Monday, May 4, 2009

Sunday

I came pretty darn close to begging Ben to come with me to Pottery Fest this year, and as always, he agreed to join me. I'm so lucky to be married to a man who is totally willing to do things like this, even when he had a zillion other things he'd rather be doing instead. So, we headed out to the Shaker Historic Site in Albany for some pottery shopping and some really neat demonstrations. The festival itself seemed much bigger this year than in the past and I must have picked up and put down several dozen pieces that I wanted. So many amazing things. I scored some sweet little magnets from Mud Slipper and Ben bought me a little bird box (which is actually an incense burner) from another seller whose name escapes me right now.

We left the main barn area and headed to the main field area to watch two potters demonstrate raku firing. We timed it perfectly because several pieces were coming out of the fire to cool when we arrived.

I love the look of raku, and the results seem much more immediate than kiln firing, but from my understanding the pieces are not functional and not food safe, and serve more as art than dishware. Am I wrong on this? If I am, would someone please set me straight? I hold off on buying raku because I feel like I can't use it in the kitchen, and much like Alton Brown, I don't like unitaskers. Poo.

The raku people finished up and we headed to the second festival spot in the commons room of the site. Tons of vendors were set up to sell their wares in the hall and we wandered around getting lost in the stacks of bowls and dishes and whatnot, listening to the Pine Hills String Band play while we shopped.

I really hope the folks at the Collar City Clay Guild keep this going every year. It's a small festival that only seems to get better with time, and I hope to keep going every year.

Since Ben agreed to come with me, I asked him to choose something he'd like to do next. We both love bookstores, and The Book Barn in Latham, a smallish used book store, is one of his personal favorites. It must have been my lucky day because I scored a small ton of great finds there, too!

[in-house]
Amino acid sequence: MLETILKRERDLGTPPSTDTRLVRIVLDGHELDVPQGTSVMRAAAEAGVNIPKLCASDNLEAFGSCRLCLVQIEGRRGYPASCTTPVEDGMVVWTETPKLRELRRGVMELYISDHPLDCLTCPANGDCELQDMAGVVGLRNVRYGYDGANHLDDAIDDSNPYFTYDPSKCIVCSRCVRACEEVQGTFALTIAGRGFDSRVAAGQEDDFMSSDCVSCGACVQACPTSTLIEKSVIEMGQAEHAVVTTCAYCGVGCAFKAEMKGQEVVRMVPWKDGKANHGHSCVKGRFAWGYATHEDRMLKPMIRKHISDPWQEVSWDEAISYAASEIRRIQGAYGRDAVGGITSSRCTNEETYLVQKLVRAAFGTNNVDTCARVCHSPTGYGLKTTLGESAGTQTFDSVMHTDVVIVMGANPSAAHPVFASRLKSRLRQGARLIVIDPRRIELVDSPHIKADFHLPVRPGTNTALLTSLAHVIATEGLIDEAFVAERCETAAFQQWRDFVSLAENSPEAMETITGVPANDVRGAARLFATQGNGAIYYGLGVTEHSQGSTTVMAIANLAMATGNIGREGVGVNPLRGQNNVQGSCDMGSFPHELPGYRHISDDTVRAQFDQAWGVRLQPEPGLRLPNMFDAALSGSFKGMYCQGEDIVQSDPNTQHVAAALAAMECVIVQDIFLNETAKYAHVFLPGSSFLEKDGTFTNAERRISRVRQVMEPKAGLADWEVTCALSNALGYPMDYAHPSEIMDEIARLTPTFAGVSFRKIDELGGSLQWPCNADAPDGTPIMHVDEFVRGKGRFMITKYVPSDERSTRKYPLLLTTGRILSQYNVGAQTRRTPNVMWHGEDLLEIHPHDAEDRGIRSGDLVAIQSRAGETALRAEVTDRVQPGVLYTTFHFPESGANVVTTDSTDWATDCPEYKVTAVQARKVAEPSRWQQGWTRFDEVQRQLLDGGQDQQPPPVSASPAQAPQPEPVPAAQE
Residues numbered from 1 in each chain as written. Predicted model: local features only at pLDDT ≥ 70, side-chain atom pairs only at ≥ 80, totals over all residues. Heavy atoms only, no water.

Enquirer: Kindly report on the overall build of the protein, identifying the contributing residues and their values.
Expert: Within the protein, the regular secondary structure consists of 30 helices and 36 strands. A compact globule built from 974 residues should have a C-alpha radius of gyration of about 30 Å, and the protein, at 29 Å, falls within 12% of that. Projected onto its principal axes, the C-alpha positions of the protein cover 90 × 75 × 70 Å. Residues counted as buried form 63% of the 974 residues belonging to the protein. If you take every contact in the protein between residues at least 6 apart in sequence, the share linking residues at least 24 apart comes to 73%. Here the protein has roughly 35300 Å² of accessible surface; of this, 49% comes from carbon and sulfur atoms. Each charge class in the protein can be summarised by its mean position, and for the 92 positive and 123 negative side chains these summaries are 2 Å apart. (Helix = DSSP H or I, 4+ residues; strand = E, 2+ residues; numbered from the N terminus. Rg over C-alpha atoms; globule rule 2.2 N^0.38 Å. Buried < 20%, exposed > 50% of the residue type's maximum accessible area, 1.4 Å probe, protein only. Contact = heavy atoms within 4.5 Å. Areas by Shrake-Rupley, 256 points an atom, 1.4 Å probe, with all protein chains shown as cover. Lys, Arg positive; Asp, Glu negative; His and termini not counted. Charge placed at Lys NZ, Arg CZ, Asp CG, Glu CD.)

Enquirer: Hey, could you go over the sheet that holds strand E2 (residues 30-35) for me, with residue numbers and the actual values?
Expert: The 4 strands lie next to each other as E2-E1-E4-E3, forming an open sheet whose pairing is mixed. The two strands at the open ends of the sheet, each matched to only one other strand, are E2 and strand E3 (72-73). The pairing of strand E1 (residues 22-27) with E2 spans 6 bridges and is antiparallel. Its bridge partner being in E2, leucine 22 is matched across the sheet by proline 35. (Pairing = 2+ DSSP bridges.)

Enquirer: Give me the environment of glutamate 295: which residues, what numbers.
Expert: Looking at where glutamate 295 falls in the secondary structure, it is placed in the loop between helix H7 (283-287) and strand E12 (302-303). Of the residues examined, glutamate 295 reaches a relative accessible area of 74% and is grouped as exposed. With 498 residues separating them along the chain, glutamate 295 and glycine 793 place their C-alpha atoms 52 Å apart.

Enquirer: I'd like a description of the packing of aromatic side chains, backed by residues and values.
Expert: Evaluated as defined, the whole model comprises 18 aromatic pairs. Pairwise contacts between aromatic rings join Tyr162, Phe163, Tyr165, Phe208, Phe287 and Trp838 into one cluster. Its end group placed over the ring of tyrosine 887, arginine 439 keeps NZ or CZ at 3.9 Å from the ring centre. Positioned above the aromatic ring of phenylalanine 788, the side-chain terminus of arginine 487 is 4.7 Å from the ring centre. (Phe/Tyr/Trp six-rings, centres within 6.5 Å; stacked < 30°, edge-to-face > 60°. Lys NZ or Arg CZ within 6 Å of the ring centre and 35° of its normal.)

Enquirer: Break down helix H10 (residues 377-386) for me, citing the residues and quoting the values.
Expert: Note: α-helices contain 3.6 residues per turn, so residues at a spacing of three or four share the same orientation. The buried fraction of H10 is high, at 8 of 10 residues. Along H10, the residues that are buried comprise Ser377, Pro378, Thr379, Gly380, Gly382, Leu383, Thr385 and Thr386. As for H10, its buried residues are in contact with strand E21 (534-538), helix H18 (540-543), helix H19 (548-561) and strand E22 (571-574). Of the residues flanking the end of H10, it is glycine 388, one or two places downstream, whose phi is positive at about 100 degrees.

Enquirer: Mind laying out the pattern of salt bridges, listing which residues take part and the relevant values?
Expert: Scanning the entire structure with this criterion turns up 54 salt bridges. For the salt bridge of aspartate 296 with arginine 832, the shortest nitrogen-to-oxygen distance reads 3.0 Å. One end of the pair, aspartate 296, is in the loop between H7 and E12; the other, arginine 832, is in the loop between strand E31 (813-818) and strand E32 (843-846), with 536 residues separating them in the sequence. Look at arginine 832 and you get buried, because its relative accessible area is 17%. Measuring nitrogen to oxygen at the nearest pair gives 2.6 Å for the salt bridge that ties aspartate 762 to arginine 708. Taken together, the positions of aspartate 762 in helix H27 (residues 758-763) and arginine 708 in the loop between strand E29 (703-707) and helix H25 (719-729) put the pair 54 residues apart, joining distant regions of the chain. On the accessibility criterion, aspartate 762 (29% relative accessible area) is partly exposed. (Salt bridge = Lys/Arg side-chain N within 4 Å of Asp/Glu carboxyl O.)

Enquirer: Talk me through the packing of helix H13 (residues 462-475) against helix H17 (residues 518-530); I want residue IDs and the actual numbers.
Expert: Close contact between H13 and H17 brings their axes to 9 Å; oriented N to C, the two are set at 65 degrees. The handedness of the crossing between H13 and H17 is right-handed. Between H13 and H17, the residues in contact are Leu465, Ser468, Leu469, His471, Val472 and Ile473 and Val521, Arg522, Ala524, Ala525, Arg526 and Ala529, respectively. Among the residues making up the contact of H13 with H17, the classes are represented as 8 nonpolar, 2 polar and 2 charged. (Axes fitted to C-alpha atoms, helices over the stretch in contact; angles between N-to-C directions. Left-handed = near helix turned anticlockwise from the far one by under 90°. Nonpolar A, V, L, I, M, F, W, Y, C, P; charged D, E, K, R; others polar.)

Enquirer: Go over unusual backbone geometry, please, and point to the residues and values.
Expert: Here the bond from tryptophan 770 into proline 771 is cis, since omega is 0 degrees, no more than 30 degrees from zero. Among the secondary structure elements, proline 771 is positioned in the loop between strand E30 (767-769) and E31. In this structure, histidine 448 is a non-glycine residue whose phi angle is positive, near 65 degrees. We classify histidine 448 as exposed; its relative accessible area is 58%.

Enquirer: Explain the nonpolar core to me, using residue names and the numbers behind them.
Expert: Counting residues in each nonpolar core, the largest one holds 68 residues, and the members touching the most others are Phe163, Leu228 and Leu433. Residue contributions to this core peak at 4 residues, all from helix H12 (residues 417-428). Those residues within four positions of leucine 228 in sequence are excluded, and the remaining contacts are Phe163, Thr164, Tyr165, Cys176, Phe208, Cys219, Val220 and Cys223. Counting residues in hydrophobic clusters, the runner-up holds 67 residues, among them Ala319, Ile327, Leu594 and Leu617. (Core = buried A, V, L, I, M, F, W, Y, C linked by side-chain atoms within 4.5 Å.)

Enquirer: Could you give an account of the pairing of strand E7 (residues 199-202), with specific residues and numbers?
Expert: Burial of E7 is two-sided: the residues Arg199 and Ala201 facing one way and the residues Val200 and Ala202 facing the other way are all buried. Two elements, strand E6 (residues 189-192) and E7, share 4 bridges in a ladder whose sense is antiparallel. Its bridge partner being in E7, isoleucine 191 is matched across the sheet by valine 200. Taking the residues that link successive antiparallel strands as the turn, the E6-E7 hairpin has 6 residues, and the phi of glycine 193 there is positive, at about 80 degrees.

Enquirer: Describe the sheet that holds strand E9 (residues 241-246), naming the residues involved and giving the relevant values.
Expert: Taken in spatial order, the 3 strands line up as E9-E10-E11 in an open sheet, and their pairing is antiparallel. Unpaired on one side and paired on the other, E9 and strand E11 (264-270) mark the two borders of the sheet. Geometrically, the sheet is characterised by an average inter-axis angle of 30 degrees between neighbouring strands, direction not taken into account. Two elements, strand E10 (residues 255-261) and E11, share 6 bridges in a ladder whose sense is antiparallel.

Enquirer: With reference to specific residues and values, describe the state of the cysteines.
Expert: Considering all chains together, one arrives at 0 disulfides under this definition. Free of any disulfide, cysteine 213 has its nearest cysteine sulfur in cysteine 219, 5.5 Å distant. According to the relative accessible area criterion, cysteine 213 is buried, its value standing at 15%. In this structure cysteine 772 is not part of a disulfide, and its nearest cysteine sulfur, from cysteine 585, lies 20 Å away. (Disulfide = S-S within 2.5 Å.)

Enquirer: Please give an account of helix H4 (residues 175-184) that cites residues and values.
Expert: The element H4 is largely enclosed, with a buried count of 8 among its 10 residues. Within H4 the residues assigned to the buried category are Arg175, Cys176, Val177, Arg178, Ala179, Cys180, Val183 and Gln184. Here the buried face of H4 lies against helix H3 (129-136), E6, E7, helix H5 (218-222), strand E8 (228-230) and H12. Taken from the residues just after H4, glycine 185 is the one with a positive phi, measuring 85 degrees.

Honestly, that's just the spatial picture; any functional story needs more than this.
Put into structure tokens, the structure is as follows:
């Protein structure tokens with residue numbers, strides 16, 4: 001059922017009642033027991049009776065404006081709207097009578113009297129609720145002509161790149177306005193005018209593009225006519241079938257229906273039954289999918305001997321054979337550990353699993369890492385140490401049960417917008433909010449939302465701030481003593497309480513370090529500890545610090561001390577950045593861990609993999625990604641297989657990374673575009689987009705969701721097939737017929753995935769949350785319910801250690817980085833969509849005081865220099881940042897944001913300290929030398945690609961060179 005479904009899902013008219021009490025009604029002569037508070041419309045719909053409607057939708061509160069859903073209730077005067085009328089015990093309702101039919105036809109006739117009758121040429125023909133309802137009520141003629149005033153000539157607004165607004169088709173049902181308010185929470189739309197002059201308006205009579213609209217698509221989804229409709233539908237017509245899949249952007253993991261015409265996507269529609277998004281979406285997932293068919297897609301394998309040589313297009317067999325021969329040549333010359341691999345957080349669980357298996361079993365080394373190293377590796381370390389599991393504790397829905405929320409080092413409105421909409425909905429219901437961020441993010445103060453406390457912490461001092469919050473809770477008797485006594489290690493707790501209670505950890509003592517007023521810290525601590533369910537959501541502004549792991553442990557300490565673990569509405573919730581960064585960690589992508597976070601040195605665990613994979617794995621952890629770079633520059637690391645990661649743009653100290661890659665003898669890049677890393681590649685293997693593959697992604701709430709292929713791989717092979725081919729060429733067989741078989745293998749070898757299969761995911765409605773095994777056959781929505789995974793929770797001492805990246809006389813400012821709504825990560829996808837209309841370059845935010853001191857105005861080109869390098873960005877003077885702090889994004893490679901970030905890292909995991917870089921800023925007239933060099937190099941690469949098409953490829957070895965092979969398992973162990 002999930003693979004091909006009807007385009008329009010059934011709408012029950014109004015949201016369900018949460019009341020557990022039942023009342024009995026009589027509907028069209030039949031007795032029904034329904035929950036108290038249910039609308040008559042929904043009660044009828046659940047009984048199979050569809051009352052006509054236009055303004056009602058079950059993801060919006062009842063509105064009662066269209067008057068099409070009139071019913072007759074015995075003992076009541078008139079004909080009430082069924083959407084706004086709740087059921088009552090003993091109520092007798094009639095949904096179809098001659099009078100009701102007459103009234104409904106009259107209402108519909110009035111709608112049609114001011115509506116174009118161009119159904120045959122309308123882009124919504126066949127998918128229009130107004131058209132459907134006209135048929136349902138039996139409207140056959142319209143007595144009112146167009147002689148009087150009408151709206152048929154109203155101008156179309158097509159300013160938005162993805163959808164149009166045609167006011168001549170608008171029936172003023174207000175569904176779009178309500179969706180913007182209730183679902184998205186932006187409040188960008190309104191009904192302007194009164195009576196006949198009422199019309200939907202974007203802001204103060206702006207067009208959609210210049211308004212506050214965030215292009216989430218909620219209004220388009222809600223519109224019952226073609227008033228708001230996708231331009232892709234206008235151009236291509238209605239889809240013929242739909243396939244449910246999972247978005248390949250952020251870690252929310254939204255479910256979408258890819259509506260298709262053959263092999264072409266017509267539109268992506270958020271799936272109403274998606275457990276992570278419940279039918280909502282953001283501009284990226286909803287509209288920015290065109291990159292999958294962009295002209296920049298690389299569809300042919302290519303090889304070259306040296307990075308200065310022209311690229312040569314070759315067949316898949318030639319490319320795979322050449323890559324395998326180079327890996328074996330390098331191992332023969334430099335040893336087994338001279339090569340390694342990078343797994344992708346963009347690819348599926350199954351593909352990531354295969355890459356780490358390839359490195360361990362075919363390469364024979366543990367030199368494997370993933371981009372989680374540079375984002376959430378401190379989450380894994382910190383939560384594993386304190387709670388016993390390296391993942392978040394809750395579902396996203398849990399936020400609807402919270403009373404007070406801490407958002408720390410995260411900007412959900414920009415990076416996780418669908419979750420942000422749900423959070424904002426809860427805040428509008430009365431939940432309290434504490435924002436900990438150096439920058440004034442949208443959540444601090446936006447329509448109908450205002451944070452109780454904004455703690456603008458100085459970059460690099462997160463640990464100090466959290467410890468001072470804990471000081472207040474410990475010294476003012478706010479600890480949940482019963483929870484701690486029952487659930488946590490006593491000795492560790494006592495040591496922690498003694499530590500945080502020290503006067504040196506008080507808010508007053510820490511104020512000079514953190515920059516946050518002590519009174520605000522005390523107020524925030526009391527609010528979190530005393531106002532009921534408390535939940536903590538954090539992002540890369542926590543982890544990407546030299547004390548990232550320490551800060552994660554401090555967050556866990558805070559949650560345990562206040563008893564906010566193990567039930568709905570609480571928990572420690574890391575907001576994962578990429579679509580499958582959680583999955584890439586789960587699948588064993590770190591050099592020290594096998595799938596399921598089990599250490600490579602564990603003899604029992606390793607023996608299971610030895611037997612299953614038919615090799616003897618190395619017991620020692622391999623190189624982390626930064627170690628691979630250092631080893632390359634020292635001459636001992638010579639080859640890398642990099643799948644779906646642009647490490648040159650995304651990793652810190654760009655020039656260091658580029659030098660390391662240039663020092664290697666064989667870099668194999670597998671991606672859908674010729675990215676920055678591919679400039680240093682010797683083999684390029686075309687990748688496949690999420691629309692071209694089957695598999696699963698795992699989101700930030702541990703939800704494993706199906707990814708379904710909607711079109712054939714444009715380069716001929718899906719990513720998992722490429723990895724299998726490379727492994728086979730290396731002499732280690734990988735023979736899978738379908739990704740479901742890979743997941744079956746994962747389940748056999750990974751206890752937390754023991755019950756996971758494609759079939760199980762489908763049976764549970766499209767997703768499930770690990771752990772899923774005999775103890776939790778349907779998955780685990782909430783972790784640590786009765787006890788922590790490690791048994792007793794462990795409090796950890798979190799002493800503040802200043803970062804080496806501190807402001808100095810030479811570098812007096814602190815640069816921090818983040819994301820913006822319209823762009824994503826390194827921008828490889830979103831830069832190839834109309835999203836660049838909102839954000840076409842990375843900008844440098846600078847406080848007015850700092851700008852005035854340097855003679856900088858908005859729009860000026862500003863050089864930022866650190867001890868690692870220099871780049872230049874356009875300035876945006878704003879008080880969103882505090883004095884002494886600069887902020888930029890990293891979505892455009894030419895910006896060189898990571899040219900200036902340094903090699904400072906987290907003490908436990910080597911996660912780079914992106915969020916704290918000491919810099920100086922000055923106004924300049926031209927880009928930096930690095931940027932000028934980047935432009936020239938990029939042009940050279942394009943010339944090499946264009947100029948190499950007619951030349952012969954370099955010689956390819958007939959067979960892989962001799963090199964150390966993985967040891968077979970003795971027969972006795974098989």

My personal favorite is this book:
I haven't made my way through the entire thing yet but the images are gorgeous and there are tons of great ideas nestled in the pages. Reminded me a lot of this blog. This is a Better Homes and Gardens publication and I'm pretty sure it's out of print. If you can get your hands on a copy, though, go for it.

Another beauty is this little find:
There are tons of great craft ideas in this book and I highly recommend it. The author encourages you to include as many natural touches in your day to day living and suggests that you simply go outside and have a look around when you need a gift for someone. Think outside the box kind of stuff, you know?

This little lady was simply an impulse buy:
I love reading about the historical importance of herbs, their medicinal properties, how to plant them, how to cook with them...the list goes on and on. Sweet little illustrations and inspiring photography make this book one of my new fave kitchen handbooks.

If you love Viva Terra like I do, you'll love this book:

Simple design, shabby chic style, natural touches. Three of my must-haves for comfortable living. I've found so many things in this book that I'd like to try in my own home. Books like this make me want to gut my house and start all over again with a totally new look.

And last but not least, I grabbed this book with the hope that it will help to inspire me with my sewing and jewelry making:

I love combining colors and textures, especially in different combinations than you'd normally see. There were some really interesting combos in this book that I'd never considered and I plan to keep this close by for those times when I'm not feeling very inspired. Hopefully it'll help.

So, I spent less than $50 throughout that entire day and had a total blast. I can't guarantee that Ben had as much fun as I did, but it was so nice to have him along there with me.

How was your Sunday?

3 comments:

Nancy said...

Hi Kate just a few days b-hind went to martha stewart.com and did a recipe search using just the word fiddlehead and 3 came up,,,, sauted fiddlehead ferns, fiddlehead breadstixs and spring crudites w/ orange caper sauce... makes me want to go fiddlehead hunting...love ya nancy

Elisabeth said...

It's so fantastic and sweet that Ben will go to things like the pottery fest with you! Adam is very sweet that way, too...perhaps they really could be BFFs! ^_~

If you ever do come to visit us here, please remind me to take you to Oregon and Grand Detour (though I'm not likely to forget since there is very little ELSE to do around this way other than the obligatory visit to Chicago). Both towns are gorgeously scenic, full of amazing old buildings, and there are a lot of little shops with handmade pottery and stuff (especially in Oregon). Oregon & Grand Detour were each home to artists' colonies in the past, and Oregon even has a "castle" (really a replica built as a private residence by some rich guy back in the 20's or 30's, I think) where they hold a tiny, weird medieval faire every October. When I was little we lived a couple miles across the river from Grand Detour, and I attended kindergarten and 1st grade there. I have fond memories of buying penny candy from the old general store that used to be there. Fun times. :)
I would actually really miss Oregon if I were to move away from this area, and I've often wished that we lived there instead of Dixon.

P.S.
I really love first photograph--the composition is amazing! Was that a candid shot?

leah said...

sounds like a blast. i love it when days come together like that. the raku man with a ponytail is a friend of mine. his work is beautiful eh?